The president is reaching out to a number of lawmakers who are undecided about how they will vote. Democratic leaders are only about seven votes away from getting the 216 votes they need to pass the bill in the House, but roughly a dozen Democratic members of Congress have still not declared whether they will support it. Some of these Democrats are either unhappy with the deletion of Stupak's abortion language while other liberal members say the bill doesn't go far enough to protect Americans.
Even Vice President Joe Biden has been constantly working the phones.
"They say, 'Well Joe, look man, I mean, you know, you guys haven't messaged this very well,'" Biden told ABC News' Jake Tapper in an exclusive interview in Durham, N.C., Thursday. "And, 'you know, this thing has gone on so long.'"
Biden said his response to worried lawmakers is simple: "The proof of the pudding is in the eating."
"I'm telling you, you know, pre-existing [conditions], they're going to be covered. You know we're going to control the insurance companies," the vice president said. "You know people aren't going to lose their health care with their employer like is being advertised."
Biden said once these provisions take effect, and the American people feel the impact, lawmakers who vote "yes" will reap the benefits.
Hours away from a health care vote, the fighting on the House floor has intensified.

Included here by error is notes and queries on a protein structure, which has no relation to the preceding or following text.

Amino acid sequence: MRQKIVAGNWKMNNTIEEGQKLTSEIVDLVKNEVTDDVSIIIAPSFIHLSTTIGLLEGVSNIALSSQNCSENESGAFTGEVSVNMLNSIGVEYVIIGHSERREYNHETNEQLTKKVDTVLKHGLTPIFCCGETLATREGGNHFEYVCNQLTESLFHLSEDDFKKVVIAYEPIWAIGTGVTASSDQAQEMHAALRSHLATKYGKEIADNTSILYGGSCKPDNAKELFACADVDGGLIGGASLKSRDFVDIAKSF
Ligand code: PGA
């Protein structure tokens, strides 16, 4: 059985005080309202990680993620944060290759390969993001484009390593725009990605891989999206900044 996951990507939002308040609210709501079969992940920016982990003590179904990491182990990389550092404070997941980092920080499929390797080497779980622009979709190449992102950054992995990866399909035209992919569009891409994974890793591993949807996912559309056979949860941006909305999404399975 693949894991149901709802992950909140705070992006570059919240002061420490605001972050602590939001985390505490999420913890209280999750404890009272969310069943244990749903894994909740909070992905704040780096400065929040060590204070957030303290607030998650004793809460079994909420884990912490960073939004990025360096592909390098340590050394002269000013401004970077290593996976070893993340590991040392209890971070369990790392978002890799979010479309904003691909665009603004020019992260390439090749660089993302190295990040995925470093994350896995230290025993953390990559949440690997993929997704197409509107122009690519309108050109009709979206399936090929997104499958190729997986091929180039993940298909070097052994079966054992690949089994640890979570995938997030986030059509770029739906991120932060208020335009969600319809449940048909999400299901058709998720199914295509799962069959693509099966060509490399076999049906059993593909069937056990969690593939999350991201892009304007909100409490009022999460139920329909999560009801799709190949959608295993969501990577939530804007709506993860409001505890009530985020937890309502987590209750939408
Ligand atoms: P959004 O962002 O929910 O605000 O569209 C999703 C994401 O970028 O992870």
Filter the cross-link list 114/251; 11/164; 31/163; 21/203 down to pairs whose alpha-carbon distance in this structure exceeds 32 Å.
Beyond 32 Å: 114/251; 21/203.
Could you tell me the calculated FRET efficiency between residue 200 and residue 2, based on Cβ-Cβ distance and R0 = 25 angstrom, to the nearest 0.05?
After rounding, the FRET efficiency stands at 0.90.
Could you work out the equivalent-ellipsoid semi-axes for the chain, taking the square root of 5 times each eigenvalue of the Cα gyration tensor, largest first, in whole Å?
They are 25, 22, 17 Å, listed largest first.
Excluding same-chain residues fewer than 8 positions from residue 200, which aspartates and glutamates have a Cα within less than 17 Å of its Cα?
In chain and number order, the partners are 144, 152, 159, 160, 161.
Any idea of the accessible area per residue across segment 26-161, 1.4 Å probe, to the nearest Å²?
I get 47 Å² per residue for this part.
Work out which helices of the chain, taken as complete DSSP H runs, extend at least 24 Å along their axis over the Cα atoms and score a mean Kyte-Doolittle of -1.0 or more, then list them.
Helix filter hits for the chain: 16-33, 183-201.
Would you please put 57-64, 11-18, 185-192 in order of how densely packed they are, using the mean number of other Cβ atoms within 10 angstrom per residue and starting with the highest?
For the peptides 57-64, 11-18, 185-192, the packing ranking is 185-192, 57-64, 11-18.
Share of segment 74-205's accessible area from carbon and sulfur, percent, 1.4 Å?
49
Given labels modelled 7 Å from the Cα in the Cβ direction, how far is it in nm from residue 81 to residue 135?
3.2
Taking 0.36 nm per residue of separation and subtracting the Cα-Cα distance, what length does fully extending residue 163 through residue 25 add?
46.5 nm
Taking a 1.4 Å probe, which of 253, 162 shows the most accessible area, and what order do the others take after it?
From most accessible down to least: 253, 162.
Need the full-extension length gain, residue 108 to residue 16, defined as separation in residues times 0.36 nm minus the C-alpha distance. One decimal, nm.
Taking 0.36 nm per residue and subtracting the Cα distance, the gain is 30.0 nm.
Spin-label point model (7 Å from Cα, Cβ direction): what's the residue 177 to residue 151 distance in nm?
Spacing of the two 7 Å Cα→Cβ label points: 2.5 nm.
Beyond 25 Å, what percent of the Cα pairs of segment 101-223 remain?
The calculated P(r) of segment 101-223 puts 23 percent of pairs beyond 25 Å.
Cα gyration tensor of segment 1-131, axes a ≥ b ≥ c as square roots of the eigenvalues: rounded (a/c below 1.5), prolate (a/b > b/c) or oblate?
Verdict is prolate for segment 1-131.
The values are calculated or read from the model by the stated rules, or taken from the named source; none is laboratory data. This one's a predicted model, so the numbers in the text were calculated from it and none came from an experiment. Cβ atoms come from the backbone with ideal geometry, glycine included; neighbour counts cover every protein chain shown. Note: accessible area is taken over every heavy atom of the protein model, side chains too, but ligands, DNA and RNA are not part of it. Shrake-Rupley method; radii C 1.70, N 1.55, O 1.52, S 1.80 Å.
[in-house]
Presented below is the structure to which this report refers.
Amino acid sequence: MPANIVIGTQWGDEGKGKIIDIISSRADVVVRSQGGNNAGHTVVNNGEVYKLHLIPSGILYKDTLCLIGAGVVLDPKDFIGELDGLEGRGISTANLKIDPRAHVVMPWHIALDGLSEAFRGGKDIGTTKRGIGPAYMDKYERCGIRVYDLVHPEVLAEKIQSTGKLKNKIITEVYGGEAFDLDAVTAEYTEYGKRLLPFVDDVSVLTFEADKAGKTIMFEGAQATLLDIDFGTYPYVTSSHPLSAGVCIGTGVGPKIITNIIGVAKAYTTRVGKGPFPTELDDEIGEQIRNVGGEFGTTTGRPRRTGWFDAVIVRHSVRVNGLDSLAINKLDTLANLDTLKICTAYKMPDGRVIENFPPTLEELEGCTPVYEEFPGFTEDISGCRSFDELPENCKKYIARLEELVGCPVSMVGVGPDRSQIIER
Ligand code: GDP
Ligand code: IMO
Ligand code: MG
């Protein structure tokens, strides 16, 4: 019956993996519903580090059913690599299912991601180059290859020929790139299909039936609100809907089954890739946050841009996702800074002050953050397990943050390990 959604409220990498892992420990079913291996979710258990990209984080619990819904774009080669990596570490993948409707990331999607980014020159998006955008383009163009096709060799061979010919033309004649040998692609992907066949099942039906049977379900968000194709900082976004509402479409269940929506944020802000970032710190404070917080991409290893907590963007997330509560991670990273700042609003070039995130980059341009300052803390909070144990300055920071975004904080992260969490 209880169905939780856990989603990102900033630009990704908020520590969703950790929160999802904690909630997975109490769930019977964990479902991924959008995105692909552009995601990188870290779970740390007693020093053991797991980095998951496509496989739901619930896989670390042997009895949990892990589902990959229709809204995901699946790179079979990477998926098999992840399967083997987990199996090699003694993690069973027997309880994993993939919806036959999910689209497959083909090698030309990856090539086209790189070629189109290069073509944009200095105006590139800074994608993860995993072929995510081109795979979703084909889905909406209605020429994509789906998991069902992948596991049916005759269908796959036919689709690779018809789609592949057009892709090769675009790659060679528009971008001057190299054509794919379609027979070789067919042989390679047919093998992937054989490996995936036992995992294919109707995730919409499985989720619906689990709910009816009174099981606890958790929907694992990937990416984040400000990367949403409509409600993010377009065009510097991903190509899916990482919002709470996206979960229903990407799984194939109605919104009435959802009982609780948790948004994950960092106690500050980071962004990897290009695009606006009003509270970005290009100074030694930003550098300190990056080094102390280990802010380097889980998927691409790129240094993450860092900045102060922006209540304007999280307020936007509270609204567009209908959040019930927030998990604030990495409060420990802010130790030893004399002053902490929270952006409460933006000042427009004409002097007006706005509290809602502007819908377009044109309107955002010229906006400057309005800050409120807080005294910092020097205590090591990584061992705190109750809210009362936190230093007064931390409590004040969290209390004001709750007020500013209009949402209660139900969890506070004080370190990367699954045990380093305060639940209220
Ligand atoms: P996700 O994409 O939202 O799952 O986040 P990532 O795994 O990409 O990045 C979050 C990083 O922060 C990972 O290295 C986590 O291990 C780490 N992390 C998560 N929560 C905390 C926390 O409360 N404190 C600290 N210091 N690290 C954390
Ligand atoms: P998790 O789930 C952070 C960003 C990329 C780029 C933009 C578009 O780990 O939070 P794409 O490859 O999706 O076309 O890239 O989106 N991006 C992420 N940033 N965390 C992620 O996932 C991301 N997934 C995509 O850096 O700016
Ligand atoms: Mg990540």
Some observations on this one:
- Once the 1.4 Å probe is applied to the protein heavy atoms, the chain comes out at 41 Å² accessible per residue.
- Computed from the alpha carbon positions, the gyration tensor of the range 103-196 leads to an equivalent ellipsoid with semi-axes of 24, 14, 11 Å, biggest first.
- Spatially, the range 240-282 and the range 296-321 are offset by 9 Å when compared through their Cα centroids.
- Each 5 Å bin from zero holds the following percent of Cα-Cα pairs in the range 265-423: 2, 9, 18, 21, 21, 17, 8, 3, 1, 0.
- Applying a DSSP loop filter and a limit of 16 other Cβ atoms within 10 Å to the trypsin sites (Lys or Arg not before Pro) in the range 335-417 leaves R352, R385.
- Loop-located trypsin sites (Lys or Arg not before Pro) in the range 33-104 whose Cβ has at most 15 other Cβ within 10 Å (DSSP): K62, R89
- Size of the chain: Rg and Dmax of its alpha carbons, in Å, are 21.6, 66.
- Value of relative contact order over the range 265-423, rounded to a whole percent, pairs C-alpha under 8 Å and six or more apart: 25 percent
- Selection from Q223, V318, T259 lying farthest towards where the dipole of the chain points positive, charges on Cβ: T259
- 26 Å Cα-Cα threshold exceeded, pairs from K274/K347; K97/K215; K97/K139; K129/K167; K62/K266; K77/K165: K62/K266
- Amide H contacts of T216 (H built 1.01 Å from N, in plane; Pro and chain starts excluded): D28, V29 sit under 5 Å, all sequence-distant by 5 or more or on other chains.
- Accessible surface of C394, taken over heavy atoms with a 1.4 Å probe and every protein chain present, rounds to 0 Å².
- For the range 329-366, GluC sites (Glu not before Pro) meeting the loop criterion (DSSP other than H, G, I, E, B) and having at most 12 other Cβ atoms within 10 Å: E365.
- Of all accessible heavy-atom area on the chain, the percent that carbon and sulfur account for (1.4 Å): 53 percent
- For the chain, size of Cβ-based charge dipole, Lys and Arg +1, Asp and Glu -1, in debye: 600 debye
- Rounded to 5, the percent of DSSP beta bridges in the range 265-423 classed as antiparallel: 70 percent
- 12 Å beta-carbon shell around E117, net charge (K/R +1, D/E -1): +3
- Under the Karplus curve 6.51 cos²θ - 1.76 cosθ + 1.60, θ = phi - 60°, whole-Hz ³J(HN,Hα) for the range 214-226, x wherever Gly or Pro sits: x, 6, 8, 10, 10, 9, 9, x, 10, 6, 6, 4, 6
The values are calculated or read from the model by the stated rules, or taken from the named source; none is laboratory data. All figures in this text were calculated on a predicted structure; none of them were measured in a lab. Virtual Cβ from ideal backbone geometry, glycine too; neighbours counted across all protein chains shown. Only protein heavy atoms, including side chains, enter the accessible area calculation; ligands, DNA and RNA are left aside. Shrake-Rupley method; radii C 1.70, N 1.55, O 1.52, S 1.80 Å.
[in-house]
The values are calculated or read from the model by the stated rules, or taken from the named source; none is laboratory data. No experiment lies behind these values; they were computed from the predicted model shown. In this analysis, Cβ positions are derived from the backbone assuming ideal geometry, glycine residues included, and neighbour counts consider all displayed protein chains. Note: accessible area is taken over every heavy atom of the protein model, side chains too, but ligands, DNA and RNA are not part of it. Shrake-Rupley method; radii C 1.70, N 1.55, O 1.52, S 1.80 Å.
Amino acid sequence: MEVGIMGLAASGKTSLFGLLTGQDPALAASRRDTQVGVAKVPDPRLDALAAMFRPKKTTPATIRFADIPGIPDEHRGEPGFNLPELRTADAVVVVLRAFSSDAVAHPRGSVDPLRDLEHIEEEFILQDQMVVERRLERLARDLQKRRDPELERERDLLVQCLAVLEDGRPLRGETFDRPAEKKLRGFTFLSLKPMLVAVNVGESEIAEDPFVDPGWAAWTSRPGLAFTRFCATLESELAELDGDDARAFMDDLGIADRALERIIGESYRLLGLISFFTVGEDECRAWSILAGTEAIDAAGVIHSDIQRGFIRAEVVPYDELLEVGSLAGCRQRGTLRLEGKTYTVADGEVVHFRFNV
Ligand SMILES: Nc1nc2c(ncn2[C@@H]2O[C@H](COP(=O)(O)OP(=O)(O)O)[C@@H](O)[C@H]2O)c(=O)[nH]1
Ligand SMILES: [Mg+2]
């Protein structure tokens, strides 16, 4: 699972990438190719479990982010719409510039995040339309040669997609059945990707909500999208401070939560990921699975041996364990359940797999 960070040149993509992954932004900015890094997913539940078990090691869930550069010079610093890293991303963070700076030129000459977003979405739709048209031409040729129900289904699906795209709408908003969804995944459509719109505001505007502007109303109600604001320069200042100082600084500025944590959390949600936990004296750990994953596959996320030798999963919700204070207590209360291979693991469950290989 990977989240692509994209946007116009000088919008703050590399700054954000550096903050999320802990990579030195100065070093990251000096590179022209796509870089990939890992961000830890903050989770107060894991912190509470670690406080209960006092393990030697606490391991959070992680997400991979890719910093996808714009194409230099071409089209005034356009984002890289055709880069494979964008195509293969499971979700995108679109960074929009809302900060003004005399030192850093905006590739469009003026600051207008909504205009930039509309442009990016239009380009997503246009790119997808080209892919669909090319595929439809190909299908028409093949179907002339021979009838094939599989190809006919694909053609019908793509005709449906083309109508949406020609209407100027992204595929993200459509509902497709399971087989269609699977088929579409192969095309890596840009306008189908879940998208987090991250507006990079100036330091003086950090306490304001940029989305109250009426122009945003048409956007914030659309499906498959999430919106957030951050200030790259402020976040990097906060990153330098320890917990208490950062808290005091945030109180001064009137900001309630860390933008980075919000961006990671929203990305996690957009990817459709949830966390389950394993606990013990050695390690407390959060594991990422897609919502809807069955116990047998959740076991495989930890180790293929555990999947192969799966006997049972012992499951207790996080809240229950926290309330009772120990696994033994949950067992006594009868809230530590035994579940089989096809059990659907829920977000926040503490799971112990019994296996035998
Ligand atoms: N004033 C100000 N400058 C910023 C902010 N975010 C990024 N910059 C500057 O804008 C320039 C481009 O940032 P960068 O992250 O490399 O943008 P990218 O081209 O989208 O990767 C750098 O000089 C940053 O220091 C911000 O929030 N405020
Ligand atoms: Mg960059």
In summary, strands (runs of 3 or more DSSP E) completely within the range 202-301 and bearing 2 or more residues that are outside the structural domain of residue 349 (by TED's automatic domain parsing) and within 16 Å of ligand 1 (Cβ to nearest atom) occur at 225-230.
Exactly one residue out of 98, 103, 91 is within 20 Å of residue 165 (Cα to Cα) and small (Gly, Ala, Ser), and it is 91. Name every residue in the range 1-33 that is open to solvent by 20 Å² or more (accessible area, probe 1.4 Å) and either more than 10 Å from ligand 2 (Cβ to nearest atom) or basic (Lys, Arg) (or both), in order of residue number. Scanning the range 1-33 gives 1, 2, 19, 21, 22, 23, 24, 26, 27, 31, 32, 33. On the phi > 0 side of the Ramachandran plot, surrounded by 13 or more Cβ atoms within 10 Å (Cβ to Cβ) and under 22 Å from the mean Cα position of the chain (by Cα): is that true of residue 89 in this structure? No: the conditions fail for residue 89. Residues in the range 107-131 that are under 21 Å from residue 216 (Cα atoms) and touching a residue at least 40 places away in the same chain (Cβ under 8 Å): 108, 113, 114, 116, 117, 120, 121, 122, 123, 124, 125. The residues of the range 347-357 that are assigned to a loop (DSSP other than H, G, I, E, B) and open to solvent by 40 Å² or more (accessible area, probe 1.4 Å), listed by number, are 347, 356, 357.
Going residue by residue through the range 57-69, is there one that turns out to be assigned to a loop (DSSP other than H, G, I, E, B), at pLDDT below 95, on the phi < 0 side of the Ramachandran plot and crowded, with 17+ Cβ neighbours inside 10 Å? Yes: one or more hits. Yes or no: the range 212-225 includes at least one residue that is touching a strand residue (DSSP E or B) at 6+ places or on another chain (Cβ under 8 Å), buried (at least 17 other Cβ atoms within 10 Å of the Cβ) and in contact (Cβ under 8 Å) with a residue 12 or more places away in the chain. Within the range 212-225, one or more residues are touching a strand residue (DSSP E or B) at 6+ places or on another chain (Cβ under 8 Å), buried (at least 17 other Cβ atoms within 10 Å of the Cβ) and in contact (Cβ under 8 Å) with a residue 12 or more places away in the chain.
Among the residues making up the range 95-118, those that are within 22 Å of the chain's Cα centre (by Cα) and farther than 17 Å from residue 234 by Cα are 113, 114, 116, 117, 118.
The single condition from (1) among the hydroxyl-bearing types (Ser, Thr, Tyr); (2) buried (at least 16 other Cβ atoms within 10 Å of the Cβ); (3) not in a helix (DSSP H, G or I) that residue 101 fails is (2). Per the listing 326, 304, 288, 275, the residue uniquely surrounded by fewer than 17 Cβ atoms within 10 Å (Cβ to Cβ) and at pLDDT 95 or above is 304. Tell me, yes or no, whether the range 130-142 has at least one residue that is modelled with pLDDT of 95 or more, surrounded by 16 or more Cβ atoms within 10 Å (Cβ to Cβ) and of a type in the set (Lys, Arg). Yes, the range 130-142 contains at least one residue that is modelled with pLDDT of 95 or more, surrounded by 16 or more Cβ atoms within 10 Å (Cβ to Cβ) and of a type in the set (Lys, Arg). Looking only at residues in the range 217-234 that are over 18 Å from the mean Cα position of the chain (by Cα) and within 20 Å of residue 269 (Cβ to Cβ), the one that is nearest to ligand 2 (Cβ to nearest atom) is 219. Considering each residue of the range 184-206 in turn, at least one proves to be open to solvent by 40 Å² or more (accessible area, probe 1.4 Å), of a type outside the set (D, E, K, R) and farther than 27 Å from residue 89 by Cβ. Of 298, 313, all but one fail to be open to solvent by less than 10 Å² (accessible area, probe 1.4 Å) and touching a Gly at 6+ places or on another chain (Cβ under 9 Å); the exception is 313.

"They're going to continue to ram, ram, ram this bill through the Congress," House Minority Leader John Boehner, R-Ohio, told reporters Thursday.
Democrats were touting a preliminary report from the Congressional Budget Office, which estimated that the health care bill will cost $940 billion over the first 10 years and will reduce the deficit by $138 billion in the same time period.
"The bill is the biggest deficit reduction bill that any member of Congress is going to have the opportunity to vote on," House Majority Leader Steny Hoyer, D-Md., said Thursday.
Even President Obama hailed the bill as the "most significant effort to reduce the deficit since the Balanced Budget Act" of the 1990s.
Today, the president will once again take the health care push to the road by holding a rally in Fairfax, Va., to drum up support for the bill and convince skeptical Democrats that they need to vote "Yes."